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Poikilohydry in mosses: an ecological limitation or opportunity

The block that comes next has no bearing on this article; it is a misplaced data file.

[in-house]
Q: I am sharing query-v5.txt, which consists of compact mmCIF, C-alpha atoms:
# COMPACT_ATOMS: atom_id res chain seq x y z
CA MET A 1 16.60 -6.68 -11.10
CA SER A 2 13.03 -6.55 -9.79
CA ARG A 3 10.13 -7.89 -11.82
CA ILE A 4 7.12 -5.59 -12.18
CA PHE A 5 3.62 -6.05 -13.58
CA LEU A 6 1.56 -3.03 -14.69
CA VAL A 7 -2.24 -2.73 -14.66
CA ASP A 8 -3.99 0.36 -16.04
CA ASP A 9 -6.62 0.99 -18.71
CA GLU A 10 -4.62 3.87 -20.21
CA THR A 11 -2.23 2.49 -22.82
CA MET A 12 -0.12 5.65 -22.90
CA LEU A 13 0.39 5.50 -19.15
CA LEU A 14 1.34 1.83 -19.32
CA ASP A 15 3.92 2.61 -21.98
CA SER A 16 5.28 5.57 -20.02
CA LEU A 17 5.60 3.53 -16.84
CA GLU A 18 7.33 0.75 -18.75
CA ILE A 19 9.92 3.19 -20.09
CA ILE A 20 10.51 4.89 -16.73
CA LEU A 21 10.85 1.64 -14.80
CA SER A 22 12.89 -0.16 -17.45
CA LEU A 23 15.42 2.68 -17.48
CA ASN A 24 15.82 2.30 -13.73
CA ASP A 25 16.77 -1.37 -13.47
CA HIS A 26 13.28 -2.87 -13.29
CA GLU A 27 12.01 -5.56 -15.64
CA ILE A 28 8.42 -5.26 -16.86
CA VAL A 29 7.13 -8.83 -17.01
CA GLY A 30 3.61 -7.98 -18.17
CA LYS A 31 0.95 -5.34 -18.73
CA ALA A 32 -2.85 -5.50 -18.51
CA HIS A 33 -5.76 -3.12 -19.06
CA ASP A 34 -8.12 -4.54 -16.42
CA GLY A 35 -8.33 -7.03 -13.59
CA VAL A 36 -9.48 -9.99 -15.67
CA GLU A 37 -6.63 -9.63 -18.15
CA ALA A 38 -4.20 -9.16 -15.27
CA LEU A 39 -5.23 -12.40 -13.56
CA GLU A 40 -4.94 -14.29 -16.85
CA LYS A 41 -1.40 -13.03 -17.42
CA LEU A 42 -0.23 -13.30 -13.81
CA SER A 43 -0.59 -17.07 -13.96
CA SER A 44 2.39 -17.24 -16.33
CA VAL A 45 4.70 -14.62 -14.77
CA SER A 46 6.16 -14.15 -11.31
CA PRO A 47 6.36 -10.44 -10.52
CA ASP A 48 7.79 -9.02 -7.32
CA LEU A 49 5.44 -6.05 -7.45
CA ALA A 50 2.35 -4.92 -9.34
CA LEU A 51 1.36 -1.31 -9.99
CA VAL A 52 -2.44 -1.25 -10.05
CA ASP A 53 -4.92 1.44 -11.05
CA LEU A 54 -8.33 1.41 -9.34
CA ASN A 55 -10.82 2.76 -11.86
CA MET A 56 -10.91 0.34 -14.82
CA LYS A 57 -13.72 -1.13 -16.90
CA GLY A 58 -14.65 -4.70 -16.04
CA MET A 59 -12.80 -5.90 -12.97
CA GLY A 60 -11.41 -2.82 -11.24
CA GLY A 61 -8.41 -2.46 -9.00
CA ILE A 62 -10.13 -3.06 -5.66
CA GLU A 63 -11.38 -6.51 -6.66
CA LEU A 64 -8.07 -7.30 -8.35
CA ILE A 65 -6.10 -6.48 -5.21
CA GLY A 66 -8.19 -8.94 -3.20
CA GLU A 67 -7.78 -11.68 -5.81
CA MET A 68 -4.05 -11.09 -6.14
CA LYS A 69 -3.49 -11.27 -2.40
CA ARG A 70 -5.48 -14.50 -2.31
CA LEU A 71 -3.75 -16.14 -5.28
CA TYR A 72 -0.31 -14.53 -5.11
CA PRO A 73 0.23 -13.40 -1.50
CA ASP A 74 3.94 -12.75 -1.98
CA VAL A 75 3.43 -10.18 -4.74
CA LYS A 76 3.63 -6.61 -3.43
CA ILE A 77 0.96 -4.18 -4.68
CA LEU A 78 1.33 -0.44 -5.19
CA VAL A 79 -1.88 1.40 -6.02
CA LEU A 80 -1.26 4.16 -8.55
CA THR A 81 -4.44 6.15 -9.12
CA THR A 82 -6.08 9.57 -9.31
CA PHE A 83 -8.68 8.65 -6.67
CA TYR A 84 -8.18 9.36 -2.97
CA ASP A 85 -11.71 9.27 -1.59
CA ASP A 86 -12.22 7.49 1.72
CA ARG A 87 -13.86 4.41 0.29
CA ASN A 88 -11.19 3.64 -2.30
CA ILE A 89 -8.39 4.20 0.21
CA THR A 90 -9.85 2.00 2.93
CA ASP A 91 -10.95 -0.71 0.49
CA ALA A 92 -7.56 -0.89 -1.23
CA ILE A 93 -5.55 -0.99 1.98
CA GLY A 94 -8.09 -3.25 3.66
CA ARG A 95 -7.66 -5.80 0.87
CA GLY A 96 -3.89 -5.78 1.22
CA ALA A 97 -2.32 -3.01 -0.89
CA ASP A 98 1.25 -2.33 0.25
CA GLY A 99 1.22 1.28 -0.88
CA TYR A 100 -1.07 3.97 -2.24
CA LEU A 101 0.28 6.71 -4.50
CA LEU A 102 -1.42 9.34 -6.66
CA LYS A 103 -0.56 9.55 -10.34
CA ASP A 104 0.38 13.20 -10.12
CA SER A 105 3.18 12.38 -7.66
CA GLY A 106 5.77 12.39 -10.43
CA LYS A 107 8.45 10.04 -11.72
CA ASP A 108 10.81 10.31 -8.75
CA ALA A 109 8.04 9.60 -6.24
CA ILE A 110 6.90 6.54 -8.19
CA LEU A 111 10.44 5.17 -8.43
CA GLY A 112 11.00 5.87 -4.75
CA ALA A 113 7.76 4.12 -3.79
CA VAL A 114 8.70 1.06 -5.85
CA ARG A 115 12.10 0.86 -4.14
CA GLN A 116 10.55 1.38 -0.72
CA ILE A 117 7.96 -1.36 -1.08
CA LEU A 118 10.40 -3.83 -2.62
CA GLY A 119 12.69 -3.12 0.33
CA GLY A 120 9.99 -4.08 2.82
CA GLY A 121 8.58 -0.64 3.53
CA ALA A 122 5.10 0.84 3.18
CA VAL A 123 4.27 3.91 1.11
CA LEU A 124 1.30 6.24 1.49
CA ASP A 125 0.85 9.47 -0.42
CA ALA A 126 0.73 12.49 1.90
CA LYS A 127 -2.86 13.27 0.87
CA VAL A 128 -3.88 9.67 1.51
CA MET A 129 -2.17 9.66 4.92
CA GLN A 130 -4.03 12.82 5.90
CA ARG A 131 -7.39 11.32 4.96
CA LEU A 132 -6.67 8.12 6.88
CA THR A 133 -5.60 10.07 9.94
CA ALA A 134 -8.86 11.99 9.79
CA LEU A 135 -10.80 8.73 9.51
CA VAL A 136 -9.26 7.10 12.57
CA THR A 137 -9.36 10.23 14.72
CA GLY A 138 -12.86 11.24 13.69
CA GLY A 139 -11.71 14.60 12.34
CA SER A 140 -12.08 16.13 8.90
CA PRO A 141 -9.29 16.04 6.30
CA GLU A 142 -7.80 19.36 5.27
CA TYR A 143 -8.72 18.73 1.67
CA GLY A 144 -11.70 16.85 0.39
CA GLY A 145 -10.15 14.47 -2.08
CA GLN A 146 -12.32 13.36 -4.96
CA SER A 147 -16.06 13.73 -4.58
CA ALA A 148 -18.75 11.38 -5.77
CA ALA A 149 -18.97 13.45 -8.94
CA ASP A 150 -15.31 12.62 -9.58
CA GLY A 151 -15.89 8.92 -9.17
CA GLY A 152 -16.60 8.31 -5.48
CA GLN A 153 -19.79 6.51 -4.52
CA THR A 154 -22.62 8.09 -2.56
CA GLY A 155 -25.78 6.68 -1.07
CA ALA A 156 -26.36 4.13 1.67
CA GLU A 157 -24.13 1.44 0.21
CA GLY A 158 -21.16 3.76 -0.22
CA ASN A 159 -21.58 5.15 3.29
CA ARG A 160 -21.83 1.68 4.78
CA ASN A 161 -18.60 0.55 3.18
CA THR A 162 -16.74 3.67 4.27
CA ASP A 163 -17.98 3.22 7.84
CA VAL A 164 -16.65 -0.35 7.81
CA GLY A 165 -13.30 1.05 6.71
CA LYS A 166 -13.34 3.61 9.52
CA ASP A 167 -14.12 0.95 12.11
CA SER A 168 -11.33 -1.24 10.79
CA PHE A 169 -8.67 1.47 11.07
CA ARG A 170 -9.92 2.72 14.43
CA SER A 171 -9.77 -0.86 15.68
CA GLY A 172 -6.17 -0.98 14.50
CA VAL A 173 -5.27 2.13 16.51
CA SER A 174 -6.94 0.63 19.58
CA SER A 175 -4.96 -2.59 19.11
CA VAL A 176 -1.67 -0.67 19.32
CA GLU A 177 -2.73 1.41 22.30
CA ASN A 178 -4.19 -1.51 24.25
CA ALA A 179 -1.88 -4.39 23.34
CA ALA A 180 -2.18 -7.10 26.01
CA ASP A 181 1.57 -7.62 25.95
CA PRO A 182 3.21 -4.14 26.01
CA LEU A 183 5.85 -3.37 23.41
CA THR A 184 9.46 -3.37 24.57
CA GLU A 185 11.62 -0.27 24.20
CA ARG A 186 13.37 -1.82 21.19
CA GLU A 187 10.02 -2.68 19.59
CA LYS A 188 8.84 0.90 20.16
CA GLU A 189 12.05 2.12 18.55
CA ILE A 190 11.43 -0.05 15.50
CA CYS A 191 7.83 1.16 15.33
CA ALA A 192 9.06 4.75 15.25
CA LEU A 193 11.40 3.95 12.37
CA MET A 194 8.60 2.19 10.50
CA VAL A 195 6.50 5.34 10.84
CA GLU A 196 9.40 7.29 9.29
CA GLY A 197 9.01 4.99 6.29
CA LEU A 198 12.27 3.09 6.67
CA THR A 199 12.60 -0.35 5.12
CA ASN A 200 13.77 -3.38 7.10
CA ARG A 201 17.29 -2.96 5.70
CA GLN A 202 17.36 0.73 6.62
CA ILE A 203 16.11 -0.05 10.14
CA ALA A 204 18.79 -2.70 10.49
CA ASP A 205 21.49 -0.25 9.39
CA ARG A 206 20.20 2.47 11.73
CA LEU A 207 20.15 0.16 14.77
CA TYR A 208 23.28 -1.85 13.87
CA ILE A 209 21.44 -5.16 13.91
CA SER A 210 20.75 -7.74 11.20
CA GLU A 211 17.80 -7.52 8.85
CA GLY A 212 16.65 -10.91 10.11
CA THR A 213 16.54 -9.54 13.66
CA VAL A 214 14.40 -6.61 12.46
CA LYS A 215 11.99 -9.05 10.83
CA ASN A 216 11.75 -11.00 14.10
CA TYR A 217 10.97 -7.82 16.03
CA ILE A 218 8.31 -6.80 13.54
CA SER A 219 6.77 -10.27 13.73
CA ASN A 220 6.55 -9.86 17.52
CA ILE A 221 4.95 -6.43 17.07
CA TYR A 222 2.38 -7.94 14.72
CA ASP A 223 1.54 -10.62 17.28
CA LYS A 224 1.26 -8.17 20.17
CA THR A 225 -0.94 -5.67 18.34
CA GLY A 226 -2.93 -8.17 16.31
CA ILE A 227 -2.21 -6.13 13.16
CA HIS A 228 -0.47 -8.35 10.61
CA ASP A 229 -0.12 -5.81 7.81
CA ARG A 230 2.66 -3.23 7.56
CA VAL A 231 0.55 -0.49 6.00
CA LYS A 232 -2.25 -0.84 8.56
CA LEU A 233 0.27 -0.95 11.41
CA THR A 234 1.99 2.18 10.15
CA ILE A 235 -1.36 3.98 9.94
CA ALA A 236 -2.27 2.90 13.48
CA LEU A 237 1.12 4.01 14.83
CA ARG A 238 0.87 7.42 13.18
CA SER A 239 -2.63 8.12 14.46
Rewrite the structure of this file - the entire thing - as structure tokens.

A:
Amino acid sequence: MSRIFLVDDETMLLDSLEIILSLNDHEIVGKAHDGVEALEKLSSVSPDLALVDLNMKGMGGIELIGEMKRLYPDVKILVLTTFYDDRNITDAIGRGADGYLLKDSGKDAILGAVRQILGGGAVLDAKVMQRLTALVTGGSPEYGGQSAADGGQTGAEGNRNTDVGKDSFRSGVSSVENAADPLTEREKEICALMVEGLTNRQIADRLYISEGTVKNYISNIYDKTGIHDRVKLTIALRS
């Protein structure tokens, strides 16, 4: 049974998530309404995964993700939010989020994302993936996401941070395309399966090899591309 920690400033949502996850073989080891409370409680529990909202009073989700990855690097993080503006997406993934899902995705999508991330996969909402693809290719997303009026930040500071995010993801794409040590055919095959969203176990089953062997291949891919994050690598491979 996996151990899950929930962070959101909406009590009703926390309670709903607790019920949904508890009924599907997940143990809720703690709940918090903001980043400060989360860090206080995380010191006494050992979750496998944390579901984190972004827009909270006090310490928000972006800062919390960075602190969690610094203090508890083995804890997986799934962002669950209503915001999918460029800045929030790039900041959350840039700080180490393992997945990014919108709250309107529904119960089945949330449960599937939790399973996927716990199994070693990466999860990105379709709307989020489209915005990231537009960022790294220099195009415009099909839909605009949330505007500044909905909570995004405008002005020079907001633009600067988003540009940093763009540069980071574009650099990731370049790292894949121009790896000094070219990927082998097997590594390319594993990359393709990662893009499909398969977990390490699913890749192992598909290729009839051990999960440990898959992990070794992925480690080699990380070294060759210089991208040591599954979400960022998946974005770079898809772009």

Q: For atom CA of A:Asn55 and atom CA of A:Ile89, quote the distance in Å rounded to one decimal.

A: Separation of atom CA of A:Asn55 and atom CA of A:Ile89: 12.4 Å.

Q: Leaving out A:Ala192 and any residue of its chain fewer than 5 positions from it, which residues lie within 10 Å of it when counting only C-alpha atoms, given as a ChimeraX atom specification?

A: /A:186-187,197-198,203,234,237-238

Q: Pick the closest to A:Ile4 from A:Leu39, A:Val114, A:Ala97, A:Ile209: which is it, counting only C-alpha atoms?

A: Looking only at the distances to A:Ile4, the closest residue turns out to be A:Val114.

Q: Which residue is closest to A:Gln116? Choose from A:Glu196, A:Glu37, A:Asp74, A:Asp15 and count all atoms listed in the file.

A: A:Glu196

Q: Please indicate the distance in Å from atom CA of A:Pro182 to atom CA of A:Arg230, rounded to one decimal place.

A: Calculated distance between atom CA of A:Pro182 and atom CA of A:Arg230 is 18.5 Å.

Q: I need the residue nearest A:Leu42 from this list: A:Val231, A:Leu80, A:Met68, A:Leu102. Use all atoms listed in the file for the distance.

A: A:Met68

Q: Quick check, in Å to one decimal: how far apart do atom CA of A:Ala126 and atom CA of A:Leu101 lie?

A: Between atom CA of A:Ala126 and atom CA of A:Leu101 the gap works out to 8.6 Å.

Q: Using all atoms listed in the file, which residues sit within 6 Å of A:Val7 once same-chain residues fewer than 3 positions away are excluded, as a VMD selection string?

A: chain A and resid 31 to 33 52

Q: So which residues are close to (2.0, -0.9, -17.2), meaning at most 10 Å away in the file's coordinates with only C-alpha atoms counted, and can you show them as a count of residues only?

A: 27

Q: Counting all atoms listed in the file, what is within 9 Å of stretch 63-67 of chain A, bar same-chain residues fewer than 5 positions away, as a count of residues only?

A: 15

The most significant evolutionary event in the history of the plant kingdom began with the migration of aquatic photosynthetic organisms on to land approximately 475 Myr ago 1,2. Terrestrial embryophytes (referred to as embryophytes) derived from algal ancestors constitute two divisions, the bryophytes (lacking vascular tissue) and the tracheophytes (possessing vascular conducting tissues) 2. The evolutionary transition from aquatic photoautotrophs heralded the innovation of morphological and physiological characteristics critical for success in the terrestrial habitat, and consequent diversification of land plants.It has been hypothesised that early bryophyte related groups pioneered the transition from water to life on land 1,2,4. The mosses appear to be among the most ancient divisions of the land plants. Fossils of spores and gametophytes dating from the Mid Ordivician (~476 Myr) and Mid Sliurian (~432 Myr) have been discovered that closely resemble some modern bryophytes 4. Furthermore, the remains of fossilised spore-bearing organs and vascular tissues from the Lower Devonian (~410 Myr) reveal similarity in anatomical details to living mosses 4. This paleobotanical evidence combined with phylogenetic studies suggests that groups related to extant mosses are primitive ancestors of the major taxonomic groups of terrestrial plants.In the comparatively uniform environment of aquatic life there is much less scope for variation in abiotic factors and hence natural selection. Light availability vertically through the water column is the major limiting factor. Photosynthetic organisms surrounded by water have no requirement for specialised anatomical features for water absorption, as diffusion occurs across the whole cellular surface, nor do aquatics require adaptive measures to protect against water loss through evaporation. Furthermore, a submersed plant requires no mechanical tissues as the buoyant force of water provides the necessary support 1,5. In contrast, plants entering the terrestrial environment are exposed to a greater variation in the fundamental abiotic conditions including moisture, temperature (rainforest and tundra), light and gravitation.In particular, the land environment exhibits dehydrating affects from the atmosphere and water may be continually lost through evaporation. Water and nutrients may be continuous underground, however, dependence on light requires the aboveground presence of photosynthetic tissue where water is often irregular 1,5. Therefore, suitable water relations are a prerequisite to survival on land. Embryophytes are able to tolerate the desiccating affects of the land environment and exhibit numerous morphological and physiological departures from the ancestral aquatic state. Depending on their ability to compensate for fluctuations in water supply and rate of evaporation, embryophytes may be classified as poikilohydric or homoiohydric 5.Poikilohydry as a limitationMosses represent the oldest living remnants of initial land colonisation. It can be viewed the mosses represent a primitive condition of plant development 4. Mosses can be said to represent an evolutionary intermediate between algal ancestors and the vascular plants, manifested in features that may be more in common with aquatic algae or lichens and are said not to be fully ‘terrestrialised’ or having a greater reliance on water 4,5,7,8. However, moss gametophytes do exhibit innovations such as tissue differentiation (leaves, rhizoids) and primitive vascularisation 3.It is in the gametophyte form of mosses where the potential for land development in some ecological scenarios may be limited. The gametophyte does not posses a true root and vascular system (xylem or phloem) or outer cuticle, having no control over loss which can be rapid, and internal water content is in equilibrium with that of the atmosphere 3,5. This condition is said to be poikilohydric. Due to this intimate coupling with environmental moisture, mosses may dehydrate completely in dry air (i.e. no barrier to water loss represented by the cuticle in higher plants) 3. Although many moss species can withstand desiccation by dormancy, this comes at an expense of suspending growth and metabolism. They are dependent on availability of free water and mineral slats at the land surface as they do not possess true roots, with rhizoids present for anchorage on the substratum 3. As the root system is deficient, mosses depend largely upon the direct absorption of water through the leaves. Owing to the failure of the gametophyte to produce true vascular tissue with support structures they are unable to attain large dimensions or growth above ground exhibited in higher plants 3,5.Sexual reproduction is facilitated by water (as in algae) via motile male gametes. Only when mosses are covered water can the reproductive organs open and permit the sperm to escape and penetrate the open neck of the archegonium, and thus reach the egg cell. In this regard mosses are essentially amphibious in nature, i.e. they require uninterrupted access to water for reproductive success 3,8. As a result mosses may typically be found ‘hugging’ wet soil, or living in permanently moist habitats, avoiding exposure to turbulent drier air found above the land surface 3,8.Mosses are also set apart from vascular plants on the basis that the non-sexual sporophyte is permanently associated with the gametophyte and never establishes on the substrate. Within higher plants it is recognised that dominance in the land environment is derived from sporophyte of basal archegoniate lineages 2,8. It is evident that in the evolution of the sporophyte, the most significant fact is the progressive reduction of the spore product and increasing dominance of the sporophyte generation in the plants life-cycle, compared with the gametophyte 2. In liverworts the life-cycle of the sporophyte is brief, its exclusive function being in spore production.In mosses the growth period of the sporophyte is greatly prolonged and spore production becomes less important. This trend towards increasing subordination of the gametophyte and increasing importance of the sporophyte in mosses may be manifested in tissue differentiation found in the sporophyte 2. It is evident that the sporophyte of mosses possesses vascular tissue with photosynthetic cells 3. Although the sporophyte is able prolong growth on account of the production of green tissue, it is still dependent on the gametophyte for water. In higher plants, by the development of the root to acquire water from subterranean sources, the sporophyte becomes truly independent 4,.In contrast to the level of developmental complexity present in mosses, it can be argued that homoiohydric characters exhibited in the tracheophytes; a lignified vascular system of xylem and phloem, an impermeable cuticle surrounding vegetative tissues, stomata and seed in higher tracheophytes are a higher state of plant organisation and the ultimate solution to the problem of adaptation to life on land, providing greater independence from water 5. The properties of vascular tissue allow the formation of a transport system conducting water and photosynthate around the multicellular body, thus allowing the development of large complex bodies of roots and leaves7. Additionally, lignified vascular tissue provides a means of mechanical support in large tracheophytes allowing for the erect habit, in contrast to the dorsiventrally flattened posture in mosses7.With an extensive root network, the homoiohydric system allows the maintenance of activity despite sudden changes in humidity as roots penetrate readily available subterranean sources of water i.e. greater period of growth than mosses7. The waterproof cuticle provides a means of reducing water loss trough evaporation and also a barrier to gaseous diffusion. The stomata perforating the cuticles provide avenues for gas exchange, however, also presenting a sight of water loss. The guard cells limit the rate at which water is lost through stomatal openings via transpiration7. These adaptations exert greater control over water economy and are thus seen to be more effective and dependable than the bryophytic strategy.The tendency in tracheophytes has been to develop reproductive strategies which did not depend on the existence of standing water (e.g., pollen, seeds, flowers). Instead of developing swimming sperm, male gametes are carried in pollen grains from microsporangia with pollination achieved via entrainment into wind or through insects. The development of the seed habit has facilitated the adjustment of plants to strictly terrestrial conditions, with the angiosperms reaching the most perfect expression of the plant organism. Seeds are specialised to resist adverse conditions and can remain dormant until conditions are suitable for germination. Furthermore, the seed may be modified to facilitate dispersal from the parent gametophyte. Thus tracheophytes have become sufficiently productive to form closed cover over large areas, and is ultimately manifested in the enormous global coverage of phytomass.Poikilohydry as an opportunityWithout a doubt, vascular plants are adaptive optimums within habitats charaterised by adequate soil water. However, the homoiohydric system has success within certain limits defined by temperature and the availability of water 5,7. Mosses are the successors of ecological niches characterised by intermittent water availability due to their ability suspend metabolism during periods of drought (escaping the need for metabolic function) and resume activity rapidly with available water 3,5,6. This feature is known as desiccation tolerance (DT) and is common to various functionally dissimilar species. For poikilohydrous organisms in general, and bryophytes in particular, DT can be argued to be an optimal adaptation to habitats characterised by extreme fluctuations in water availability (i.e. functionally specialised stress-tolerators)3,5. The pervasiveness of mosses in dry habitats provides an alternative perspective on mosses in contrast to the tone already set in this paper.As mosses rapidly equilibrate internal moisture with that of the environment, mechanisms allowing tolerance of dry periods is essential 6. DT is characteristic of a variety of moss gametophytes, and is common of both xeric and mesic habitats 3. DT mosses may colonise rocky, thin soil (drought prone) substrates impenetrable to roots and the bark of trees 5. DT is an obvious adaptive advantage in habitats characterised dry, sun-exposed rock surfaces with intermittent rain. Even in wet climates, moisture is not available continuously. For example, hard substrates dry quickly after rain stops, therefore, DT mosses would possess fitness in this niche5. In this situation it would be an advantage to be small in size1. Growth and reproduction occur only during these wet seasons, but upon drying the gametophyte can suspend metabolism for considerable time periods7. Desiccation tolerance is well documented in mosses.Tortula ruralis can be reduced to 20% of its original weight in 2 hours and even after prolonged periods (10 months) of desiccation resumes metabolic activity within minutes of receiving an adequate water supply7. Andreadea rothii is characteristic of hard acidic mountain rocks, and can recommence normal metabolism after 12 months desiccation at 32% rh and 20OC 5. Recovery takes place quickly, and depends on the conservation of cellular components through the drying-re-wetting cycle5. Chlorophyll-fluorescence measurements show that photosystem recovery after re-hydration is rapid9.The recovery of respiration after prolonged desiccation similarly shows recovery in mosses5. It has been suggested that recovery after desiccation involves the reestablishment of membrane integrity and photosystems10.At the scale of a moss gametophyte colony, surface tension is determines the distribution of water around the vegetative tissue5. Therefore, shoots and leaves tend to lie dorsiventrally flattened on the laminar atmospheric boundary5. The LAI of the moss leaf canopies tends to be greater than that of vascular plants and is comparable in some species (Scleropodium spp.) to the mesophyll/leaf-area quotients of vascular plants indicating scale as important determinants of morphology5. Additionally, it can be noted that mosses and vascular plants have similar rates of photosynthesis on a per-chlorophyll basis5. The physical structure of many mosses allows the short term storage of external capillary water3. The hydroid conducting cells of some large mosses (e.g. Polytrichaceae, Dawsoniaceae) may be an evolutionary parallel to the xylem tissue of vascular plants in that both represent a low resistance pathway for water transport3,5. However, typically water movement is extracellular involving intricate conducting structures.The ability of bryophytes to survive desiccation is attributed to conservation of polyribosomes during desiccation period3,6. In Tortula after 90 minutes in a dry atmosphere, a decline in fresh weight by 20% was observed6. However, it retained distinct polyribosome pools which increased with increasing hydration time3. This is in contrast to vascular plants where extreme water stress induces an irreversible degredation in polyribosome activity. In addition there is evidence to suggest that the activity of antioxidant enzymes is a response in mosses and other DT organisms to oxidative stress induced by desiccation11. Oxidative damage has been shown to be less in DT organisms such as Tortula than desiccation sensitive vascular plants12.In mosses there exists species specific differences in relation to their desiccation tolerance3. It has been observed that mosses characteristic of exposed habitats such as Tortula ruralis can recover rapidly after desiccation5. This may be an adaptation to maximise growth during a water regime that is transient. This is in contrast to forest-floor dwellers such as Rhytidiadelphus loreus where recovery of photosynthesis following drying takes several hours more5.There exists approximately 14000 species of moss exhibiting world-wide distribution and are able to grow luxuriantly in the humid climate of temperate and tropical regions.3 Fundamentally, mosses are able to persist in extreme conditions of arctic and alpine regions and can tolerate semi-arid conditions. Largely associated with their remarkable regeneration capacity, mosses exhibit great diversity in the ecological conditions in which they can pervade, proving in particular habitats to be the adaptively optimum plant organism.